A night full of twists and turns could not prevent the status quo of the 2018 CARS Response Energy Late Model Stock Tour season, as Bobby McCarty won at Carteret County Speedway (NC) for his fourth win in seven series races.
McCarty started third in the 125-lap event in the series’ first trip to Carteret County, but worked his way up to second in the early laps. A competition caution flew on Lap 66, which set up a chaotic sequence of events.
First, McCarty, on the outside line for the restart by virtue of running second, was shuffled to sixth as racers drove by in the preferred groove. Over the next 15 laps, McCarty picked his way through the field, moving into third place.
Despite running third, McCarty remained well behind the top two, Layne Riggs and Josh Berry. That duo had paced the final practice session and started on the front row, and battled for the lead throughout the second half of the race.
“We got back to third after we were shuffled back on the restart,” McCarty said in victory lane. “I thought about catching them, but I decided to just match their pace.“
However, disaster and controversy quickly struck for the top two on Lap 102. Josh Berry and Layne Riggs made contact while battling for the lead. Riggs spun because of the contact, while Berry continued on. However, in an unrelated incident immediately in front of the leaders, Sarah Cornett-Ching spun across the track, collecting Berry.
The incident ended Berry’s night with extensive front-end damage, while Riggs was sent to the rear of the field by CARS Tour officials for being involved in the caution.
“I got into Layne,” Berry told Speed51.com about the incident. “I didn’t really mean to. We were racing hard, it was time to race here at the end. I got into him, he spun, we got it straight. We were all good, and then some weapon just spun out on her own.
“In the end, it was my fault, I started it,” Berry continued. “I hate it, we’ve got another torn up car. But we’ll fix it and be back next time.”
This allowed McCarty to restart in the lead, alongside Ty Gibbs. McCarty took the lead on the restart, while Riggs charged up to second following his penalty.
While Riggs was able to close on McCarty in the closing laps, McCarty held on for the victory.
“I hate it for Layne [Riggs],” McCarty said. “I am good friends with Layne. We talked a lot this week. He had a heartbreaker last weekend at Ace [Speedway, NC]. I think he had the best car here today before what happened.
“I never gave up. You never know what can happen in these things,” McCarty continued. “We just stay positive and keep pushing. We definitely didn’t have the car, but we’ll take it any way we can get it.”
As for Riggs, he was extremely displeased with the call to penalize him for involvement in the incident, arguing he never lost forward progress or the lead.
“We never lost forward momentum when the 88 [of Berry] dumped us,” Riggs told Speed51.com. “I was straight and going back on throttle to go forward. The caution was from the 88 who tried to dodge a lapped car that was spinning. The caution was for that, I was in the lead, I never lost forward momentum, and I think that was the wrong call.
“Chris Ragle wanted to put on a show for the fans,” Riggs continued. “I don’t think the fans enjoyed that call.”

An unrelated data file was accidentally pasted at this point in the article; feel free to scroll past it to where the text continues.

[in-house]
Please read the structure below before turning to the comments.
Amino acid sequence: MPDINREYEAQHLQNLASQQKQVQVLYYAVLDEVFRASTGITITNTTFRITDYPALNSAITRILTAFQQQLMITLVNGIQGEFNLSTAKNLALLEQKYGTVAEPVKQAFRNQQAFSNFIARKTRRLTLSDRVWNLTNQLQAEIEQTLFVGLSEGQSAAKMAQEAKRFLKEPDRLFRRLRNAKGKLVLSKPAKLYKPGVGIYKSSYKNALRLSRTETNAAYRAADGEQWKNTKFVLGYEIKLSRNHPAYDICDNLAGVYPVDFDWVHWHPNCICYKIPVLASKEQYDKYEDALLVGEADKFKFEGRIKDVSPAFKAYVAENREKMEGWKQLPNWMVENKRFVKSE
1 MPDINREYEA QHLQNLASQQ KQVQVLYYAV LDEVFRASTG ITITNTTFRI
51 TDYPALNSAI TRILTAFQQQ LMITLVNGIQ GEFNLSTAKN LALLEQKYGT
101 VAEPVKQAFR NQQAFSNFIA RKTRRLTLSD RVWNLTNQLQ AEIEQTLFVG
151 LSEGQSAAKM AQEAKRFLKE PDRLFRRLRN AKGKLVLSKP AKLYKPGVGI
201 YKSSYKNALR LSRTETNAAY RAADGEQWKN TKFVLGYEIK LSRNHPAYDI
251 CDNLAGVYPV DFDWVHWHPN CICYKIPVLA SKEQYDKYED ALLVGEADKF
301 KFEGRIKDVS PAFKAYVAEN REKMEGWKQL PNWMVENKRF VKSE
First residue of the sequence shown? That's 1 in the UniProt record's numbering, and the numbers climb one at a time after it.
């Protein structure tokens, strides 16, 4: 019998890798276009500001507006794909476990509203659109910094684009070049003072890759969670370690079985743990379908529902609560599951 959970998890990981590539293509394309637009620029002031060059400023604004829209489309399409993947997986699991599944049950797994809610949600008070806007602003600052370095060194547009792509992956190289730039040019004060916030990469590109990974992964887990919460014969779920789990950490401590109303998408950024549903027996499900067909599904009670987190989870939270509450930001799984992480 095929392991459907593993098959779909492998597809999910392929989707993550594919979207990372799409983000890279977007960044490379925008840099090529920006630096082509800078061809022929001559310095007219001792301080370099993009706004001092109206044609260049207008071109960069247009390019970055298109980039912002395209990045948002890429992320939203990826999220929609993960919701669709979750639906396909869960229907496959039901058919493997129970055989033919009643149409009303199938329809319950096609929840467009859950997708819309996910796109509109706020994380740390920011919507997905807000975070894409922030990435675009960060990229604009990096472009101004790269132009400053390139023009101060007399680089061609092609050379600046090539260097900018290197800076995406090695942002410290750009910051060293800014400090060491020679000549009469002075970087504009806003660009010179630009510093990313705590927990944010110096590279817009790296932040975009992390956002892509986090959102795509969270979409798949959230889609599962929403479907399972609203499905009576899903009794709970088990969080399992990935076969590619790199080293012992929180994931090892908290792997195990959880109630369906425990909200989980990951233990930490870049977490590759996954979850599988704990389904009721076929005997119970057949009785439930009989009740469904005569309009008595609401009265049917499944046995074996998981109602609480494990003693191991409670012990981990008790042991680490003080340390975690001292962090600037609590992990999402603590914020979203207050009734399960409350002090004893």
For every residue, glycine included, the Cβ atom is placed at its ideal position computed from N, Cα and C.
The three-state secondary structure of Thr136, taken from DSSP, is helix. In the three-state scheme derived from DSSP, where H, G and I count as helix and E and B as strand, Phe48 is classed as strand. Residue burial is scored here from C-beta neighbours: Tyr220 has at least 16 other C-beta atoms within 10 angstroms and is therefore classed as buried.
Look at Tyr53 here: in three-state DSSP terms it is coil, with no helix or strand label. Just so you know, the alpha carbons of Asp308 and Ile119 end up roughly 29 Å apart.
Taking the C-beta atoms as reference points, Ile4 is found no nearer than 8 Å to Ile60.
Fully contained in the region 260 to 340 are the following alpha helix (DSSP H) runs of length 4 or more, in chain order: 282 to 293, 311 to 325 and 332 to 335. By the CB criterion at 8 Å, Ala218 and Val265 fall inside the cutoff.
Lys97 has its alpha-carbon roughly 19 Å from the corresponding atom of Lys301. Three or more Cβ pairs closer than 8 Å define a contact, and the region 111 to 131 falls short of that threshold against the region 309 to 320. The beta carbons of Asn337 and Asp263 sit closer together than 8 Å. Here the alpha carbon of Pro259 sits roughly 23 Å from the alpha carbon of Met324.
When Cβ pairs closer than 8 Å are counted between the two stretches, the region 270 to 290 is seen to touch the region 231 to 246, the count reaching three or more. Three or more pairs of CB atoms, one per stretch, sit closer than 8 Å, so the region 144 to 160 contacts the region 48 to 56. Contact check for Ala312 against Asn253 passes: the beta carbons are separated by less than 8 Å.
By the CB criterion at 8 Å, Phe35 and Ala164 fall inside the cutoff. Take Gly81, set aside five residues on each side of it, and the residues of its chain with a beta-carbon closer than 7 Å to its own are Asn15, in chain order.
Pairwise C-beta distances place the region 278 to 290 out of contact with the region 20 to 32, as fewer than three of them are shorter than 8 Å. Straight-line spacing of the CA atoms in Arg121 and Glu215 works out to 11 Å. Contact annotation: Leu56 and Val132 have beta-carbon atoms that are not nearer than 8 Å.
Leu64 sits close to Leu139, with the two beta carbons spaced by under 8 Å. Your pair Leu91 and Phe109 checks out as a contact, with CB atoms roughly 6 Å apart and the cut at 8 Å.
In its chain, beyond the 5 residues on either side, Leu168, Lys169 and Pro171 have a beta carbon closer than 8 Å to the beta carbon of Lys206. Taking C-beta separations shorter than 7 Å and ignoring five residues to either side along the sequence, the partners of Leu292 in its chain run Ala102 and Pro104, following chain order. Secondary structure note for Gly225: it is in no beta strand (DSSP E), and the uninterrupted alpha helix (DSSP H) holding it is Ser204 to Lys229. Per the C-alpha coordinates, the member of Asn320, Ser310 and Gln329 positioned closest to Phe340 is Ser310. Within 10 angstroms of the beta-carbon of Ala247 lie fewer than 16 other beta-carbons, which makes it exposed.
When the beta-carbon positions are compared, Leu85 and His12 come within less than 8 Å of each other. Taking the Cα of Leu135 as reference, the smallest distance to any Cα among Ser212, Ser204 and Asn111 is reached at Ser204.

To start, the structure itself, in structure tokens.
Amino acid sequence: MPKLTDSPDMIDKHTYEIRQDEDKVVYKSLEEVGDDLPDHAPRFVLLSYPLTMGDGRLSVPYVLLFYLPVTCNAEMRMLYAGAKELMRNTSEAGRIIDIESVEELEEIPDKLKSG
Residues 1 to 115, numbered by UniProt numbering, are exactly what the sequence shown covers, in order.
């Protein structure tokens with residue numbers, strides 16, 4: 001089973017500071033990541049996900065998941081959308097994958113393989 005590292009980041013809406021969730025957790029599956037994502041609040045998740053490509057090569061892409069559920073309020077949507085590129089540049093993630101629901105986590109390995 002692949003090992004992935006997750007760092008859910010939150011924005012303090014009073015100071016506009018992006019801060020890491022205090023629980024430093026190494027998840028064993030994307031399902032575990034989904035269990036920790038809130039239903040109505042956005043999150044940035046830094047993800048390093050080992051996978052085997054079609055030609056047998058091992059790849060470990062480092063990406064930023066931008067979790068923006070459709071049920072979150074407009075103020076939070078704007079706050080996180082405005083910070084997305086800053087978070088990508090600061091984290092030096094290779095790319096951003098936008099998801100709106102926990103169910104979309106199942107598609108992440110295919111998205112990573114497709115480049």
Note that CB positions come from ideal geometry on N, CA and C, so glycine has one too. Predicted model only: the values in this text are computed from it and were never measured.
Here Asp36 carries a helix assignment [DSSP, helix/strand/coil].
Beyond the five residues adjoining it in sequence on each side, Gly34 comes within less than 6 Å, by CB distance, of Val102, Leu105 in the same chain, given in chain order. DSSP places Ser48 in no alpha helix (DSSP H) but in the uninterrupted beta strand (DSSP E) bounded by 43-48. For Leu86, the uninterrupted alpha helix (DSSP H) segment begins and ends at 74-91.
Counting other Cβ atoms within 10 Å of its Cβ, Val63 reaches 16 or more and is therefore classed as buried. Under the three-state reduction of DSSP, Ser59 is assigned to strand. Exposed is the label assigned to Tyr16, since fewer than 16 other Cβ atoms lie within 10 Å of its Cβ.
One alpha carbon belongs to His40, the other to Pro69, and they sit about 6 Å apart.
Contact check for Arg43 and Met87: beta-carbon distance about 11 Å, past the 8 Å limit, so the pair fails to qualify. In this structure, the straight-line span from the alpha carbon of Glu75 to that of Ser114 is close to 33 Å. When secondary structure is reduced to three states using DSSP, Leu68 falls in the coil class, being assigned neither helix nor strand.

Chris Ragle, the CARS Response Energy Tour series director, maintained that Riggs was involved in the incident with Berry, which was the cause of the caution – not the subsequent incident involving Berry and Cornett-Ching.
“We felt the 88 spun, dumped the 99 [of Riggs],” Ragle said. “Obviously, when the 88 tried to go by, the 44 [of Cornett-Ching] spun the 88 and there was an incident. At that point was probably when I threw the yellow [flag], but the yellow was coming out anyways, because I was about to penalize the 88 for rough driving on the 99.
“I felt he dumped Riggs and he was going to get penalized anyways,” Ragle continued. “But you can’t penalize somebody under green so you have to throw the yellow to penalize him.
“So the 99 spun, there was an incident that took care of itself with the 88, and that’s how it all happened. 99 was part of the caution because he got spun, no different than the Setzer-Lessard incident.”
Ragle added that, to his determination, Riggs did not maintain the lead or forward progress, but that ultimately it wouldn’t matter in the series’ ruling because he was part of the caution with Berry.
“He definitely didn’t stay in front of Berry,” Ragle said. “The 88 backed off but went past the 99. That’s probably why the 88 got hit by the 44, and not the 99. I don’t really think that’s the case. Unfortunately, due to him being spun out and done wrong, he’s part of the caution. It takes two objects – not necessarily two people’s fault, but two objects, two racecars – to have a caution. One hitting one, and the other’s getting spun. So you automatically get part of the caution.”
The CARS Late Model Stock Tour returns to action on July 14 at another first-time stop for the series, Kingsport Speedway (TN). The Late Model Stock teams will compete for 100 laps in that event. The next CARS Super Late Model Tour event will be August 4, when both series convene at Hickory Motor Speedway (NC) for the Throwback 276.
Race fans who missed Saturday’s race at Carteret County Speedway (NC) can click here to visit our Trackside Now to view our live updates from the event.
-By Zach Evans, Speed51.com Southeast Editor – Twitter: @ztevans
-Photo credit: Speed51.com
CARS Tour Late Model Stock Cars Unofficial Results
Carteret County Speedway (NC) – June 24, 2018